Rail firms ‘must have contingency plans’ for Sunday timetable change
Train companies must have a “robust contingency plan” in case Sunday’s timetable change leads to a repeat of last year’s meltdown, public transport campaigners have warned.
Travellers are being urged to check departure times as rail firms across Britain introduce their summer timetables to enable the introduction of 1,000 extra services per week.
It is one of two major timetable changes which take place each year.
The railway has a long way to go to win back passenger confidence, but we hope that the lessons of last year have been learnt Campaign for Better Transport
The change last May led to weeks of disruption on large parts of the network, with the number of trains cancelled each day by Govia Thameslink Railway (GTR) and Northern reaching up to 470 and 310 respectively.
GTR was fined £5 million by the rail regulator over its poor communication during the fiasco.
The Office of Rail and Road (ORR) found that the company “failed to provide appropriate, accurate and timely information” to passengers for an eight-week period.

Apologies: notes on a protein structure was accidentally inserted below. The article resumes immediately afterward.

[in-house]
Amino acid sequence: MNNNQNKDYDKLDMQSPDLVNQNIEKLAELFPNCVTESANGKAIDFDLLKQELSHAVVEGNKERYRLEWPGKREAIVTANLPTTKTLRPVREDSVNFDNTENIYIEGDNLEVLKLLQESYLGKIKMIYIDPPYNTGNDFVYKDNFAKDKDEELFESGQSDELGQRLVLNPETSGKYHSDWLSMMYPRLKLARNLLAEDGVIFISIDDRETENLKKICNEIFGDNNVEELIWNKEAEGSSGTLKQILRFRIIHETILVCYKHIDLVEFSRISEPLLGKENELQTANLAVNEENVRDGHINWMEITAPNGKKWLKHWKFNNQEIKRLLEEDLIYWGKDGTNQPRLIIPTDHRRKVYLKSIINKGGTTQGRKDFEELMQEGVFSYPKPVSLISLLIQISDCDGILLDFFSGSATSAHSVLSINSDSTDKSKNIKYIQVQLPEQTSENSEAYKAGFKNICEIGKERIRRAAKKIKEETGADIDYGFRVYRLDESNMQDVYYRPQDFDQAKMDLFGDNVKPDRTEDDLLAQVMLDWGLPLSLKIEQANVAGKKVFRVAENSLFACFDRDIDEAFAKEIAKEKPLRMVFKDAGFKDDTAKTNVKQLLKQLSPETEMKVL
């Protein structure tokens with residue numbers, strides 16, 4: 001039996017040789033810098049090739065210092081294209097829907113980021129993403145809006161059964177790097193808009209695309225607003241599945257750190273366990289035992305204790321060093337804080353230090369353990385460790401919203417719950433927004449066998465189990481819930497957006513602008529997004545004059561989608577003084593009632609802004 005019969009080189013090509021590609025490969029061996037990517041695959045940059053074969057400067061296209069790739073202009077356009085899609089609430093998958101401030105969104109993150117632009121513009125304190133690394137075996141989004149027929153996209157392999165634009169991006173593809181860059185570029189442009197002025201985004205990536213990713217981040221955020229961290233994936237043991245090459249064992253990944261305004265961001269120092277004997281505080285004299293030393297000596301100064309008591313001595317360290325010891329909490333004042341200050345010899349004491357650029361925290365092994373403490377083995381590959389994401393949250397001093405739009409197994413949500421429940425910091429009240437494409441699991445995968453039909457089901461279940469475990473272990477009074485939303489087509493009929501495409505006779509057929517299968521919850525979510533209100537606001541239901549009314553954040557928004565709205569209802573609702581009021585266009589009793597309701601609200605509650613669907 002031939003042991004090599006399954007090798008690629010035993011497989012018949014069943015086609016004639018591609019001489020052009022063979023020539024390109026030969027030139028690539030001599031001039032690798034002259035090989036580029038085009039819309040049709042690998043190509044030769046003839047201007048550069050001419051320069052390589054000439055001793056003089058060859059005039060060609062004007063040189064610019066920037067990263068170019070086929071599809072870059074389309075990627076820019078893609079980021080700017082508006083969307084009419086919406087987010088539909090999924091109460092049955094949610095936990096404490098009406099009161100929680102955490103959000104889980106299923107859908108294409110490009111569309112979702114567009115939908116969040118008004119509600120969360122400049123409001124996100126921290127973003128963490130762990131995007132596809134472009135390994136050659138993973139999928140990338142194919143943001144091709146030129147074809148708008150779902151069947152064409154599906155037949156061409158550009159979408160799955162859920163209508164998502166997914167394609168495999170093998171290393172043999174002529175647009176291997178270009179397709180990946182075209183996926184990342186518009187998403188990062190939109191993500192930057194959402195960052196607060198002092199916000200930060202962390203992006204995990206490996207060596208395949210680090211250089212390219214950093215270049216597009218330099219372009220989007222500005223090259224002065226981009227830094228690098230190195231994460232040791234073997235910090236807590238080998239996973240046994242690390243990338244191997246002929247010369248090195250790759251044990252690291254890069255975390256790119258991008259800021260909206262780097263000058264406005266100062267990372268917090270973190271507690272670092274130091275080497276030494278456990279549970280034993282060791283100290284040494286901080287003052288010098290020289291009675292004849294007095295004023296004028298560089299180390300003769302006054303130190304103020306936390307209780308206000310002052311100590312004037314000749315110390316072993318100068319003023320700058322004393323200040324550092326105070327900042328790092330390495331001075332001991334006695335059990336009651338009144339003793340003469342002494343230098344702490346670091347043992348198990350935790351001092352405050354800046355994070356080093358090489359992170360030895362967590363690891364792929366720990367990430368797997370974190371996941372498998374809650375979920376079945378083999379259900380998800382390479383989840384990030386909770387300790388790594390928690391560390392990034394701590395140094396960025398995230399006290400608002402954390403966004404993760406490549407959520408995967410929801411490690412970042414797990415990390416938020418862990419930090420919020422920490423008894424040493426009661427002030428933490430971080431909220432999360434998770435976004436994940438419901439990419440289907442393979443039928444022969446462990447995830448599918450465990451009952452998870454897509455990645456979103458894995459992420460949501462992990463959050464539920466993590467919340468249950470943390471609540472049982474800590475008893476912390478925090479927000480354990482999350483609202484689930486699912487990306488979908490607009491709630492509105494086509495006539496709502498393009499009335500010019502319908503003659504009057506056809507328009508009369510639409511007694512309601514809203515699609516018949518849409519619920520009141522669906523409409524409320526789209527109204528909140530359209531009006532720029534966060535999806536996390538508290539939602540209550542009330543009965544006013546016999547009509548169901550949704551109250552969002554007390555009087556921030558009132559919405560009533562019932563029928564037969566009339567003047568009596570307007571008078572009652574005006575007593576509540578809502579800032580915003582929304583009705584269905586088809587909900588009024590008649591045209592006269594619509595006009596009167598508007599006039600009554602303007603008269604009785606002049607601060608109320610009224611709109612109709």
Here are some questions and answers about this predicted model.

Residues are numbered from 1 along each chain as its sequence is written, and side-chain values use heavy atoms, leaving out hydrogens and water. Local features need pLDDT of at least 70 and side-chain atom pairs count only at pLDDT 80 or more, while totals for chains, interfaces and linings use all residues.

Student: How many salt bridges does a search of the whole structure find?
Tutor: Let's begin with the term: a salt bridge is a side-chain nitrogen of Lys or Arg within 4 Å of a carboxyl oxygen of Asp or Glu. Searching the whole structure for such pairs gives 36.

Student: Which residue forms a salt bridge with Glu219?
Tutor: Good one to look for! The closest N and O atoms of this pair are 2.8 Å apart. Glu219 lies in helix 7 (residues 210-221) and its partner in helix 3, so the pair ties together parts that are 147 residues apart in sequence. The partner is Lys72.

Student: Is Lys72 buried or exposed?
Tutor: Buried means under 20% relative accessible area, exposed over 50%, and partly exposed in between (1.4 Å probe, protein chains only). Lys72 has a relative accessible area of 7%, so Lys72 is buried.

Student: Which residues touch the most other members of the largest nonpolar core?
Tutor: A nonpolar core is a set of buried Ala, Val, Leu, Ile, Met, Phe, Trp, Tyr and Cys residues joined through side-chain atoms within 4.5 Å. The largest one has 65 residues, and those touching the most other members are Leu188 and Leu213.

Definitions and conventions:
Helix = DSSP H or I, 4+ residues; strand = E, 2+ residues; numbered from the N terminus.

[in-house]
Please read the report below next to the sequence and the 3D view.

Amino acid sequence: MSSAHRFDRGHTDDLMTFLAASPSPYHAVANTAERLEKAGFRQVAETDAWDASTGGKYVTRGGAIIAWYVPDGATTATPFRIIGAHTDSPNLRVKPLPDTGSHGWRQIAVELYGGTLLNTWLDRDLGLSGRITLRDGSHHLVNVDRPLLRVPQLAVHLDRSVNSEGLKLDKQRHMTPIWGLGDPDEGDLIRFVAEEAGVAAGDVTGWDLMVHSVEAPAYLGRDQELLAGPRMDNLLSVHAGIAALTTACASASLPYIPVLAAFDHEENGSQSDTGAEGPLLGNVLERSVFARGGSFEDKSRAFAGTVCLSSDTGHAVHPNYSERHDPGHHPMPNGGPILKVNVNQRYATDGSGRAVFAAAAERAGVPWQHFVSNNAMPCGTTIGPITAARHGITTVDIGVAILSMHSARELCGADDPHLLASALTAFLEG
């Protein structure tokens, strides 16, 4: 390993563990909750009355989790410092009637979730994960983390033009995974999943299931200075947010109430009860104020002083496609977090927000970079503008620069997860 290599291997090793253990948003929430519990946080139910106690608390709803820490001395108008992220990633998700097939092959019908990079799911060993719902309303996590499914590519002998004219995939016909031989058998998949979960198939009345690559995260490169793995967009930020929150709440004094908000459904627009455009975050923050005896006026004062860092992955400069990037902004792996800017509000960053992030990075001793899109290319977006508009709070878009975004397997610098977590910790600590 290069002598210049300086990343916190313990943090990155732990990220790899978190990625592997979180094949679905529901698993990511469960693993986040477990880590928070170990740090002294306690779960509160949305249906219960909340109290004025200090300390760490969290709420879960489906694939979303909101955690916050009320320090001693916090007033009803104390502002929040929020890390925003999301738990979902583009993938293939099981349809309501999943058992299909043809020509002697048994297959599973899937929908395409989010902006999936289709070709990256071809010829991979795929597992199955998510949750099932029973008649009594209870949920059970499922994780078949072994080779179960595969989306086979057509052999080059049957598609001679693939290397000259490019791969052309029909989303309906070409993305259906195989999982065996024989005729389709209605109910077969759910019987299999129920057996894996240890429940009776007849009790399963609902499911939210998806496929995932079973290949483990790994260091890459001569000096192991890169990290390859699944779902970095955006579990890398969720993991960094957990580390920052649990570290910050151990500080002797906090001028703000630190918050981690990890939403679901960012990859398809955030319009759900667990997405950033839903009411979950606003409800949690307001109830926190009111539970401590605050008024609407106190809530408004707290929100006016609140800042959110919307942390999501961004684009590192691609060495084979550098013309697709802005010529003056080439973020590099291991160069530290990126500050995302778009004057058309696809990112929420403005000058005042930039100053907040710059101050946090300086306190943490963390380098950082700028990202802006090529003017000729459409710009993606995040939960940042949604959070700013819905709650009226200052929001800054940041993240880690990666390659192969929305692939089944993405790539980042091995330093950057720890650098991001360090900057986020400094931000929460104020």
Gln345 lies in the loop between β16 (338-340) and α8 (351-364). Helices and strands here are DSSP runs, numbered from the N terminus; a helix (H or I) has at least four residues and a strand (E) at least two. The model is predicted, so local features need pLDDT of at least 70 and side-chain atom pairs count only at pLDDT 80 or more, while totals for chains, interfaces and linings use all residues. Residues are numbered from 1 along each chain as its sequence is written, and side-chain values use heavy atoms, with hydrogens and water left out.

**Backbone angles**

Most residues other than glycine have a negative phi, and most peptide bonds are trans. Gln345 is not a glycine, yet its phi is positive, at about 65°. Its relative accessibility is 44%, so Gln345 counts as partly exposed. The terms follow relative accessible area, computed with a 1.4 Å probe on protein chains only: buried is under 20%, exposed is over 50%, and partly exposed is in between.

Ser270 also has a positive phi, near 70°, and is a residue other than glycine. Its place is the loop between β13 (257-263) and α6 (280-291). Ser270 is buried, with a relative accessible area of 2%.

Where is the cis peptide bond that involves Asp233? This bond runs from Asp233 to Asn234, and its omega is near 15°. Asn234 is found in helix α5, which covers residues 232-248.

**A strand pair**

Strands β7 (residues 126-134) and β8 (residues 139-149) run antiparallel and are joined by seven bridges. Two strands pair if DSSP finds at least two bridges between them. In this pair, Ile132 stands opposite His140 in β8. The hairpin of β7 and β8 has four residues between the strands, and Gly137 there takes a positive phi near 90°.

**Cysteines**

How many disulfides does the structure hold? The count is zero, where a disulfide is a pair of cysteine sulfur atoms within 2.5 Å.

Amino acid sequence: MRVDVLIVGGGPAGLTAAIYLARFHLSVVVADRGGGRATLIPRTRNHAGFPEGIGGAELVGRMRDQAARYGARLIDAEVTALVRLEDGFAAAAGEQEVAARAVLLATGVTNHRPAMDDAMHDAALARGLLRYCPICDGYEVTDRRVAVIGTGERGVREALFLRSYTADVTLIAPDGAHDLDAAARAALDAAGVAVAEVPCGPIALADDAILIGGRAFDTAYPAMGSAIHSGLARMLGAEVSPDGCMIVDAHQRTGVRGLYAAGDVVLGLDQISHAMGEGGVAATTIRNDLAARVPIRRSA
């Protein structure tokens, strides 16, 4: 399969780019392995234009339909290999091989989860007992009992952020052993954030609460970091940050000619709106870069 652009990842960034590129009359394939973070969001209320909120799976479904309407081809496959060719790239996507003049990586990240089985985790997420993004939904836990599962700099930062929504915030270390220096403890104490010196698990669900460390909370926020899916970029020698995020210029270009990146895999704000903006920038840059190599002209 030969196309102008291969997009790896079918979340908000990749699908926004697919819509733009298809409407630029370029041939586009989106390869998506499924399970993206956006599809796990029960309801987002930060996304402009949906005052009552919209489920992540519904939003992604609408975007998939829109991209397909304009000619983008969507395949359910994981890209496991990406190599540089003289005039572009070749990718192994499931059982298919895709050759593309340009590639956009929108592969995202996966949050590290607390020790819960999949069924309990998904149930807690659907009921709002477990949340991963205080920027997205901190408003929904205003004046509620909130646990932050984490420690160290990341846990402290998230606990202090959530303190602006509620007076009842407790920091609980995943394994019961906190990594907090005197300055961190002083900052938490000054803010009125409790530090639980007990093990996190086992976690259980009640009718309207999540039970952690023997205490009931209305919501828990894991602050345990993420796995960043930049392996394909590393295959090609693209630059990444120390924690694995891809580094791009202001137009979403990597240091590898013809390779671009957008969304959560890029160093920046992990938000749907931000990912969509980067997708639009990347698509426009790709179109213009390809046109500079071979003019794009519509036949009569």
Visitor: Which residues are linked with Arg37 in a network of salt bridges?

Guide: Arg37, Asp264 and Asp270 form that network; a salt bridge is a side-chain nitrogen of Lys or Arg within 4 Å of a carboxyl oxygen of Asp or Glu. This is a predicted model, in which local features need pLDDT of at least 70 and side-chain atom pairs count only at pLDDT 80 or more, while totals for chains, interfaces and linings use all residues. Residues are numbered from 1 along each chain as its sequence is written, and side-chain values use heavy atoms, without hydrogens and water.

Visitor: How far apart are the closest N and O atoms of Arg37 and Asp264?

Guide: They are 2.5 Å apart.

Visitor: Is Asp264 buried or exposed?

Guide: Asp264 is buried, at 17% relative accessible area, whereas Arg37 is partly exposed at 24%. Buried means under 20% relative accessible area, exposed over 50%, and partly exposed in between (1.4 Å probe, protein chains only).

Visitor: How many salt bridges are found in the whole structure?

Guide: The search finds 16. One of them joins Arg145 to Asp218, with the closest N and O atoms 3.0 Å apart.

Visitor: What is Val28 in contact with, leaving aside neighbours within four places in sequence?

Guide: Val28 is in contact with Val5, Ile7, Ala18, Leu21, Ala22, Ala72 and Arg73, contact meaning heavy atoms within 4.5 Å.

Darren Shirley, chief executive of the Campaign for Better Transport, said: “The railway has a long way to go to win back passenger confidence, but we hope that the lessons of last year have been learnt and the introduction of the new timetable on Sunday will improve people’s perceptions of the railways, rather than further damaging them.
“In the event that things do go wrong, we would expect the rail industry to have a robust contingency plan so that passengers aren’t left stranded again.”
Among the operators adding extra services are South Western Railway, GTR, Northern, Scotrail and Transport for Wales.
Industry body the Rail Delivery Group (RDG) insisted lessons have been learned from last year, adding that train companies and Network Rail have worked together to ensure changes are only being made where there is a “high confidence” that the necessary infrastructure, rolling stock and staffing plans are ready.
RDG chief executive Paul Plummer said: “Introducing 1,000 more services a week to meet demand on a congested network poses a significant challenge but we are working together to ensure improvements are introduced with the absolute minimum of disruption.”
A series of failures were blamed for causing the problems last May, including Network Rail’s delayed electrification projects in the North and late approval of the new timetables, poor planning by train operators and the decision by transport ministers to phase in the introduction of new GTR services.
GTR chief executive Charles Horton announced his resignation after the disruption.
Transport Secretary Chris Grayling was criticised after an ORR investigation found there was a “lack of clarity about roles and responsibilities” and “nobody took charge”.